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Chylothorax in Dogs

Chylothorax in Dogs

Chylothorax manifests as an accumulation of lymphatic fluid in the chest cavity, encasing the heart and lungs (pleural cavity). The primary culprit behind this condition is chyle, a digestive fluid originating in the small intestine and conveyed by the thoracic duct to the veins. During its journey to the veins, chyle can seep into the chest cavity, where it accumulates, exerting excessive pressure on the chest and its organs.

Chyle presents as a milky to slightly yellow fluid composed of lymph and fats from the intestines, channeled into circulation through the thoracic duct—the primary trunk of the lymphatic system. This duct crosses the chest near the spine and empties into the circulatory system. Lymph, a watery fluid generated by the body’s tissues, contains white blood cells crucial for immune defense. Lymph travels through lymphatic vessels, transporting lymphocytes (white cells specializing in cellular immunity) and fats from the small intestines to the bloodstream.

Typically, when chyle accumulates in the chest cavity, it leads to blockage or obstruction of lymphatic vessels, causing vessel dilation and affecting the tissue covering the lungs and lining the inner chest cavity. This tissue becomes inflamed, resulting in scar tissue formation, which narrows the space and constricts the lungs, often resulting in severe breathing difficulties.

The Afghan Hound and Shiba Inu breeds are the most commonly affected by this disorder. While age does not seem to be a determining factor, chylothorax tends to develop in middle-aged Afghan Hounds and in Shiba Inus younger than two years old. This medical condition can affect both dogs and cats.

Symptoms and Types

Symptoms can vary depending on the root cause, the speed at which fluid has accumulated, and the amount of fluid present. Respiratory distress typically marks the initial indication of an issue, though if fluid buildup has been gradual, the condition might have been present prior to the onset of breathing difficulties. Several accompanying symptoms can aid in identifying the underlying cause of the respiratory problem. Your dog might exhibit some or all of the following symptoms:

  • Coughing
  • Rapid breathing
  • Elevated lung sounds
  • Dull heart and lung sounds
  • Irregular heartbeat
  • Heart murmur
  • Reduced ability to engage in physical activity
  • Depressive behavior
  • Loss of appetite and weight
  • Pallid gums and mucous membranes
  • Bluish tint to the skin


The etiology of chylothorax typically remains unidentified, although certain factors have been implicated as potential triggers. These include masses such as tumors within the chest cavity, nodular lesions resulting from fungal infections, blood clots within veins, cardiac surgery, heart disease, and heartworm disease. Additionally, there may be a congenital component involved in the development of this condition, suspected particularly in certain breeds. However, in most cases, the cause is generally categorized as idiopathic, meaning of unknown origin.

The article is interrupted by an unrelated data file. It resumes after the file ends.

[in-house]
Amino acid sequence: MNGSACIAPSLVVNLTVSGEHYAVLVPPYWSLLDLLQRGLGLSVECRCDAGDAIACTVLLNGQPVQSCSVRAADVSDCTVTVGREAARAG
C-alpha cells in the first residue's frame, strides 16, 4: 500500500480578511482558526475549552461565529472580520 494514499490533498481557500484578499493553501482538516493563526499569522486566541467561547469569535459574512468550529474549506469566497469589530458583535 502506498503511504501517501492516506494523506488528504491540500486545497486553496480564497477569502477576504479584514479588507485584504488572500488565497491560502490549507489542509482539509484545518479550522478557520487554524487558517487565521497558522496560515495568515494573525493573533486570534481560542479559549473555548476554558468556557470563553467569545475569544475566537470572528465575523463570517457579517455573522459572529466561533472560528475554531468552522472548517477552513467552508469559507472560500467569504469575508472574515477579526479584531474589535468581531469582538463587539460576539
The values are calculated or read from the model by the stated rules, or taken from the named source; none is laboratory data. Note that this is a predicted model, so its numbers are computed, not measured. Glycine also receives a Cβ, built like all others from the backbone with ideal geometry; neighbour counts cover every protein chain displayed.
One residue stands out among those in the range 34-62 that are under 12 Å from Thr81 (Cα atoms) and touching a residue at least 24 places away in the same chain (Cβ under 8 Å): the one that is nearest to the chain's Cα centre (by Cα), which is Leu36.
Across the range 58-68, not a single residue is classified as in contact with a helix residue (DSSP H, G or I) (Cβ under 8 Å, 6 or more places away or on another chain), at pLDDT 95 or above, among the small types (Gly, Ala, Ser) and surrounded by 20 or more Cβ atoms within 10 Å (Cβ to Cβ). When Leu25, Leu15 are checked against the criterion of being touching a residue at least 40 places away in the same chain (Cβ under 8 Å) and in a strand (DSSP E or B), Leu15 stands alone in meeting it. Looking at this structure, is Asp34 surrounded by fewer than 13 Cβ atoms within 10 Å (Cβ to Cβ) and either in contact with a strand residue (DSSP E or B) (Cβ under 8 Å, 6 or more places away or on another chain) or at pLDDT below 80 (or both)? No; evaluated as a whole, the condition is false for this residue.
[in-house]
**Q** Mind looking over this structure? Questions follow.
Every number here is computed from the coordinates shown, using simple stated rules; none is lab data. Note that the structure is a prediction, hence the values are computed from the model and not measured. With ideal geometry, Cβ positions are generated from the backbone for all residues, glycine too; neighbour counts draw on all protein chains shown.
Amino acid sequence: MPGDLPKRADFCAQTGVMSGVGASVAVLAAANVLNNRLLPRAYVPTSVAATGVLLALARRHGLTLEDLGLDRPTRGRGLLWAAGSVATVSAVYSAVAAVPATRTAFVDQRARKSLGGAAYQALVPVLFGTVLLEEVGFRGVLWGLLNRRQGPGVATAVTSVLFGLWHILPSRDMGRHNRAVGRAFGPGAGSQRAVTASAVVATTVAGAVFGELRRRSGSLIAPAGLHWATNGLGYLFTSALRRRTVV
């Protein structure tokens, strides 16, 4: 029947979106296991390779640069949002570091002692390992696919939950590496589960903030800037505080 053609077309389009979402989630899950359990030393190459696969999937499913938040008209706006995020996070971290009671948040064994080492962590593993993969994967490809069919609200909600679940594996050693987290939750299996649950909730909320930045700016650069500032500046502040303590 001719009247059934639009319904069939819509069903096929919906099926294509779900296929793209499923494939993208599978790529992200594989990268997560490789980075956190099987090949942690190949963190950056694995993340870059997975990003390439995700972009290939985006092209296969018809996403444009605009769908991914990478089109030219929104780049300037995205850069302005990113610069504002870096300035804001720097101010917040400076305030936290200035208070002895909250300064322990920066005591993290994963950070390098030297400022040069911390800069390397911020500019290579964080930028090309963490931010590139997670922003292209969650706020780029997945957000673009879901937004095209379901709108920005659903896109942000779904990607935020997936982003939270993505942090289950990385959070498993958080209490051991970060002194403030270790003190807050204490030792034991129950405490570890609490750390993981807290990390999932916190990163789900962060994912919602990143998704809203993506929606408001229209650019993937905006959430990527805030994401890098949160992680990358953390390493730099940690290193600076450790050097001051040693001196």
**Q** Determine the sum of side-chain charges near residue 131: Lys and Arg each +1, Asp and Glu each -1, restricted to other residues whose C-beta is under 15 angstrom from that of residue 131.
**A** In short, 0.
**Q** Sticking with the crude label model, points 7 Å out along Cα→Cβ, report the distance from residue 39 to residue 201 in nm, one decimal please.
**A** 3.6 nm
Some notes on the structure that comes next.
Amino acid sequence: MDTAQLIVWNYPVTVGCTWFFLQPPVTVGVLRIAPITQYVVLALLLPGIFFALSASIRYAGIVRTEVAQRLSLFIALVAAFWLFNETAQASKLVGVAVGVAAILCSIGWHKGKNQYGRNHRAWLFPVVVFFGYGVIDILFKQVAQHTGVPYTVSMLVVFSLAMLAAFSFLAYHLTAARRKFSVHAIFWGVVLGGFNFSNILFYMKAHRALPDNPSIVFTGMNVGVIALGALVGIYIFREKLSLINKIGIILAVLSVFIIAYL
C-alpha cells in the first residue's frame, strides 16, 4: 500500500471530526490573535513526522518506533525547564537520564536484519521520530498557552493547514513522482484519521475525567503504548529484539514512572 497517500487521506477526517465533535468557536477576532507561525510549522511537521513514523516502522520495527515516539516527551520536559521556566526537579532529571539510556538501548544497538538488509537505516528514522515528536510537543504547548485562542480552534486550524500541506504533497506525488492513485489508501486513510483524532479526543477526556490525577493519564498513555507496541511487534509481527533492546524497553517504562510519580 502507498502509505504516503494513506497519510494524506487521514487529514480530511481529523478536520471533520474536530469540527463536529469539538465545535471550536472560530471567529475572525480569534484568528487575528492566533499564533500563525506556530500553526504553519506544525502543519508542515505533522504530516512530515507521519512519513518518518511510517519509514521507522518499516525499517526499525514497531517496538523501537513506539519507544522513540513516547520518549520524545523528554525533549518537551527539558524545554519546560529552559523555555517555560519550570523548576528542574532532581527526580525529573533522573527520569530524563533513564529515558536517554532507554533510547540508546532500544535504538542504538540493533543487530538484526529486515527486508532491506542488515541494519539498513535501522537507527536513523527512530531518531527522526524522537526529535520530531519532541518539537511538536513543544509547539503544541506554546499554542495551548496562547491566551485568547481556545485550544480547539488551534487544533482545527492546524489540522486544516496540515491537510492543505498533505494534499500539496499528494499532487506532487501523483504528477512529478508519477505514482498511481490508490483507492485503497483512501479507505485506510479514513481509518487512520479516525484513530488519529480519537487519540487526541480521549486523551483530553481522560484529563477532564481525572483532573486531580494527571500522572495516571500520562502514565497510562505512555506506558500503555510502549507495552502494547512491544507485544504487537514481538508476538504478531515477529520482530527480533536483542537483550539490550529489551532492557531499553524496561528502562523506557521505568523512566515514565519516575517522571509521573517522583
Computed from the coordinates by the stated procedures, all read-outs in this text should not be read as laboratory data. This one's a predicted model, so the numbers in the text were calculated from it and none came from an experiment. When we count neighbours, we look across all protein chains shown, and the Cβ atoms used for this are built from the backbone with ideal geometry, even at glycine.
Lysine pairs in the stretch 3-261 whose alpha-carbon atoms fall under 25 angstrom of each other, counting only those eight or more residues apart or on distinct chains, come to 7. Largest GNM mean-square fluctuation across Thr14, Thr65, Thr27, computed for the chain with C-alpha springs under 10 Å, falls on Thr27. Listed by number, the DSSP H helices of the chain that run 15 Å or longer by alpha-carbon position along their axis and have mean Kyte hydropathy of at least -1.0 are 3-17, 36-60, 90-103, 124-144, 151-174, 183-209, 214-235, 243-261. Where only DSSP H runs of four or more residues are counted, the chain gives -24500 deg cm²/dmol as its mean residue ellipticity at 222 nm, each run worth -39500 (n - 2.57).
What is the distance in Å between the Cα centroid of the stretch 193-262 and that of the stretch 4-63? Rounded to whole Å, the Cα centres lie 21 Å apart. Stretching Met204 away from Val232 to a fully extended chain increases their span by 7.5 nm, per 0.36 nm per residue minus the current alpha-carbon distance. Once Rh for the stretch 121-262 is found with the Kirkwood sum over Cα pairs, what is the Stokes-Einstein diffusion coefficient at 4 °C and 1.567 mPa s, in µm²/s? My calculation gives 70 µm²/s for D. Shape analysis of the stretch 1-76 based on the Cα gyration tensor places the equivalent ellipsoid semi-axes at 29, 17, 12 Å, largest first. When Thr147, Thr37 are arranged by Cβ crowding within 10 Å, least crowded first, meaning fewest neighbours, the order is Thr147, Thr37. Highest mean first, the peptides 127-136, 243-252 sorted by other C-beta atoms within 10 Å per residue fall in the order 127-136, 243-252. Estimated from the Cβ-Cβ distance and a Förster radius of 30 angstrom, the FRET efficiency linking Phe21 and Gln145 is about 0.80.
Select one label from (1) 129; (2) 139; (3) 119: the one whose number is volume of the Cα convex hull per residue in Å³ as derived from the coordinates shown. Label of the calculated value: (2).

To diagnose chylothorax, your veterinarian will need to extract fluid from the chest. The presence of chyle in the fluid will aid the veterinarian in reaching a definitive conclusion regarding the underlying cause. Before fluid extraction, your veterinarian might opt to conduct an ultrasound examination of the chest to detect any masses within the thoracic cavity and to assess the structural integrity of the heart, ensuring accurate diagnosis. Chest X-ray imaging, both pre- and post-fluid removal, will provide the veterinarian with a clear diagnostic path. Additional imaging techniques may involve a computed tomography (CT) scan with a dye injection, offering a visual reference point as it traverses the system to more precisely reveal any blockages or obstructions.


The treatment plan will be contingent upon the underlying cause, with a primary intervention being a pleural tap to drain fluid from the chest cavity and alleviate breathing difficulties.

In cases where fluid accumulation is rapid due to trauma, chest tubes will be employed to promptly relieve pressure on chest organs and prevent lymphatic vessel dilation. If fluid continues to accumulate, ongoing use of chest tubes will be necessary to maintain chest clarity, with surgery likely recommended by your veterinarian. The most common and effective surgical approach involves ligating the thoracic duct and excising a portion of the pericardial sac surrounding the heart. Post-surgery, continued use of chest tubes may be necessary until your veterinarian is confident in the chest cavity’s ability to remain clear autonomously.

Furthermore, depending on the underlying cause, your veterinarian may prescribe medications for treatment, post-treatment care, or ongoing management.

Living and Management

Continued care and management will involve regular pleural taps to drain fluid from the chest cavity. Even after your dog shows signs of recovery, it’s important to have periodic evaluations for several years. Incorporating these assessments into routine veterinary exams should suffice unless advised otherwise. Vigilant monitoring for breathing difficulties or the reappearance of associated symptoms is crucial. While chylothorax may resolve spontaneously or following surgery, effective treatment options may not be available for some dogs.

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